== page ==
C. parvum Infection has been reported in six continents and identified in patients aged 3 days to 95 years old [6]. Transmission is usually fecal-oral route, often through water contaminated by livestock mammal feces. Persons most likely to be infected by Cryptosporidium are: [2,3,6,12,13]

  • infants and younger children in day-care centers
  • those whose drinking water is unfiltered and untreated
  • involved in farming practices such as lambing, calving, and muck-spreading
  • engaging in sexual practices that brings a person into oral contact with feces of an infected individual
  • patients in a nosocomial setting with other infected patients or health-care employees
  • veterinarians who come in contact with farm animals
  • travelers to areas with untreated water
  • living in densely populated urban areas
  • owners of infected household pets (rare)


Cryptosporidial infection can consequently be transmitted from fecally contaminated food and water, from animal-person contact, and through person-person contact [29].

Food and water

One most important outbreak in Milwaukee in 1993 affected over 400,000 persons. Outbreaks such as these usually result from drinking water taken from surface water sources such as lakes and rivers [3]. Swimming pools and water park wave pools have also been associated with outbreaks of cryptosporidiosis. Also, untreated groundwater or well water public drinking water supplies can be sources of contamination.

The highly environmentally resistant cyst of C. parvum allows the pathogen to survive a variety of drinking water filtrations and chemical treatments such as chlorination. All waterborne outbreaks of cryptosporidiosis have occurred in commmunities where the local utilities met all state and federal drinking water standards [3].

Food can also be a source of transmission, when either an infected person or an asymptomatic carrier contaminates a food supply [3]. The oocysts do not survive cooking, but food contamination can occur in beverages, salads, or other foods not heated or cooked after handling.

Animal-person transmission

Transmission of C. parvum from household pets is rare, but there is a definite association between calves and humans--approximately 50% of calves shed oocysts and the pathogen is present on upwards of 90% of all dairy farms [3]. Pets have not often been implicated as a source of infection and are not considered a major risk factor for acquisition of cryptosporidiosis [14].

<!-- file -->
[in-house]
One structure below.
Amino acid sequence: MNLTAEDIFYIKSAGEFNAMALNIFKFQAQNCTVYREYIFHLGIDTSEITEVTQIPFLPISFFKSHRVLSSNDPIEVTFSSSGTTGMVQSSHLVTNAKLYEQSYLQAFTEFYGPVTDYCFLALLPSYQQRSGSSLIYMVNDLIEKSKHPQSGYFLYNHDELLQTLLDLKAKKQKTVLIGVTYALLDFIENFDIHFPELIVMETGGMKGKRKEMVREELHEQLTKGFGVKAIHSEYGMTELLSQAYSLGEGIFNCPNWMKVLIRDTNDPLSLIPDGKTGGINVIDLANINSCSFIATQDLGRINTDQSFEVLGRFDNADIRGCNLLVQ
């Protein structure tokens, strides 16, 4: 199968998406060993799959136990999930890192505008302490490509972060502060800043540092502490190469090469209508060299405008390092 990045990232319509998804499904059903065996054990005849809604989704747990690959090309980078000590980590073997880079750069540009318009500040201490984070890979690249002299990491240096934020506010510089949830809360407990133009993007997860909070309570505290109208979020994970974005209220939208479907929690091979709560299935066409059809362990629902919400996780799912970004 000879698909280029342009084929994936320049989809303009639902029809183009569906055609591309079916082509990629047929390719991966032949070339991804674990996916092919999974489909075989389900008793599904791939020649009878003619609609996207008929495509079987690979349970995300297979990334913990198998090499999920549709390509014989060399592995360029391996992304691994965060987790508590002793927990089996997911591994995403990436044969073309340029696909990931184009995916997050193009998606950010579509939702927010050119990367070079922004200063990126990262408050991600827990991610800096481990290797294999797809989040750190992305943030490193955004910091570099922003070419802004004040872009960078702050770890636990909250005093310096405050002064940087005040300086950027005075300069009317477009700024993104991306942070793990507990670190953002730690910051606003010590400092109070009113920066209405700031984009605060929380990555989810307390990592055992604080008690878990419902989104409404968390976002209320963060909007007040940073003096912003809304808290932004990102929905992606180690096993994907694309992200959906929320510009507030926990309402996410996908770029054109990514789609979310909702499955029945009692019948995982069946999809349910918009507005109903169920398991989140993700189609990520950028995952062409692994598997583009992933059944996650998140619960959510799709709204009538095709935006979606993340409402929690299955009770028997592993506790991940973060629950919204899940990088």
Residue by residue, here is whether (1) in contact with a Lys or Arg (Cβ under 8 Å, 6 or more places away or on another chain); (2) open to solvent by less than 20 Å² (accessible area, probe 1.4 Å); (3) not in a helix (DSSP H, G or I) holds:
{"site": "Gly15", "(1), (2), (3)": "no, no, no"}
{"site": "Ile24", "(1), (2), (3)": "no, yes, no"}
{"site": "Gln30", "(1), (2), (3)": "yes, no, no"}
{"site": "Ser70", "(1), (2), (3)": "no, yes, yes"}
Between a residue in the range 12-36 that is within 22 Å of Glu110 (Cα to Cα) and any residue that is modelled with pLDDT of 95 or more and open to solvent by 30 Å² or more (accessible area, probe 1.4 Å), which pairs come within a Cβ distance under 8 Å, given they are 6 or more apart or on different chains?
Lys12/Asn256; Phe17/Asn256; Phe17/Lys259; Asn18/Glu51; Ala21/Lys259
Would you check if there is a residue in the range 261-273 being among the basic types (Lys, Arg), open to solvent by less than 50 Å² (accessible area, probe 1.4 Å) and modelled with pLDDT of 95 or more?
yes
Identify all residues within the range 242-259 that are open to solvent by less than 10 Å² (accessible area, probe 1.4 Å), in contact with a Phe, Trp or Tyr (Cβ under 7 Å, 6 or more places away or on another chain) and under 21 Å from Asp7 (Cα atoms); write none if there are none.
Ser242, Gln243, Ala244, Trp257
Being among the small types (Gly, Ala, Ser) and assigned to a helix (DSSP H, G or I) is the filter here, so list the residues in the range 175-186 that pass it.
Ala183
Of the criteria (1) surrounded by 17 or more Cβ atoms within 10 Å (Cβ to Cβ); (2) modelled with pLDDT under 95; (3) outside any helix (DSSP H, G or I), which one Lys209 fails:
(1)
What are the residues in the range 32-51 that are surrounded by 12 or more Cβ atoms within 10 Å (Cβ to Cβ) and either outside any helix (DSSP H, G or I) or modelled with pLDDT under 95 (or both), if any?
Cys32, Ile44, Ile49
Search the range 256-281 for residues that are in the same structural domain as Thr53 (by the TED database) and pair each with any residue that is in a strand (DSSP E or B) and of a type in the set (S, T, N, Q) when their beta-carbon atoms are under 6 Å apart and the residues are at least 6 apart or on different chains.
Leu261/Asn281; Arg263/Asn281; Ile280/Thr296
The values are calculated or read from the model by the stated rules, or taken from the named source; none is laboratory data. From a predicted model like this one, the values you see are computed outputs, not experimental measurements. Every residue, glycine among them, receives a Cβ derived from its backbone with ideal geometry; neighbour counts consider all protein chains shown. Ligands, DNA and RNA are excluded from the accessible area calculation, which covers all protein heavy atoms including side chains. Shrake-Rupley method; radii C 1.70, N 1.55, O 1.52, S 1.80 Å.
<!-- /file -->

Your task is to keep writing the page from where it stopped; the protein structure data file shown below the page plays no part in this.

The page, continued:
Person-person transmission

Cryptosporidium transmission occurs at a high frequency in day-care centers, where infants or younger children are clustered within classrooms; share bathrooms and common play grounds, or necessitate frequent diaper-changing [2]. Day-care employees can become easily infected by C. parvum through careless diaper-changing or through washing the laundry of infected children. Day-care workers can then spread the pathogen to their families at home.

Nosocomial situations are also a major medium for cryptosporidial transmission. There have been several reports of both transmission from patients to health care staff and patient-to-patient transmission [12]. This "environmental contamination" raises the possibility of aerosol transmission of C. parvum from person-to-person. Various routes of transmission such as aerosol infection is quite likely, since Cryptosporidium oocysts are shed in large numbers during acute infection and are immediately infective to others [12].


Upon oocyst excystation, four sporozoites are released which adhere their apical ends to the surface of the intestinal mucosa [2]. Below is a phase contrast photograph of sporozoite release from the Cryptosporidium oocyst [6]. A sporozoite-specific lectin adherence factor has been identified as the agent of attachment to the intestinal surface [2]. After sporozoite attachment, it has been hypothesized that the epithelial mucosa cells release cytokines that activate resident phagocytes [13]. These activated cells release soluble factors that increase intestinal secretion of water and chloride and also inhibit absorption. These soluble factors include histamine, serotonin, adenosine, prostaglandins, leukotrienes, and platelet-activating factor, and they act on various substrates, including enteric nerves and on the epithelial cells themselves [13]. Consequently, epithelial cells are damaged by one of two models:

  1. Cell death is a direct result of parasite invasion, multiplication, and extrusion 
  2. Cell damage could occur through T cell-mediated inflammation, producing villus atrophy and crypt hyperplasia

Model produces distortion of villus construction and is accompanied by nutrient malabsorption and diarrhea [13].


When C. parvum was first identified as a human pathogen, diagnosis was made by a biopsy of intestinal tissue [2]. However, this method of testing can give false negatives due the "patchy" nature of the intestinal parasitic infection [6]. Staining methods were then developed to detect and identify the oocysts directly from stool samples. The modified acid-fast stain is usually used to most reliably and specifically detect the presence of cryptosporidial oocysts [30]. Immunologically, anti-cryptosporidial IgM, IgG, and IgA can be detected by the enzyme-linked immunoabsorbent assay (ELISA) or by the antibody immunofluorescence assay (IFA), but neither of these assays can provide a direct diagnosis of cryptosporidiosis. Traditional enzyme immunoassays (EIA) can provide rapid detection of oocysts with little tediousness. EIA can be used to analyze environmental samples. [15] reported a positive EIA detection of one oocyst. [16] reported EIA sensitivity equal to microscopic examination in both environmental and human samples [15,17].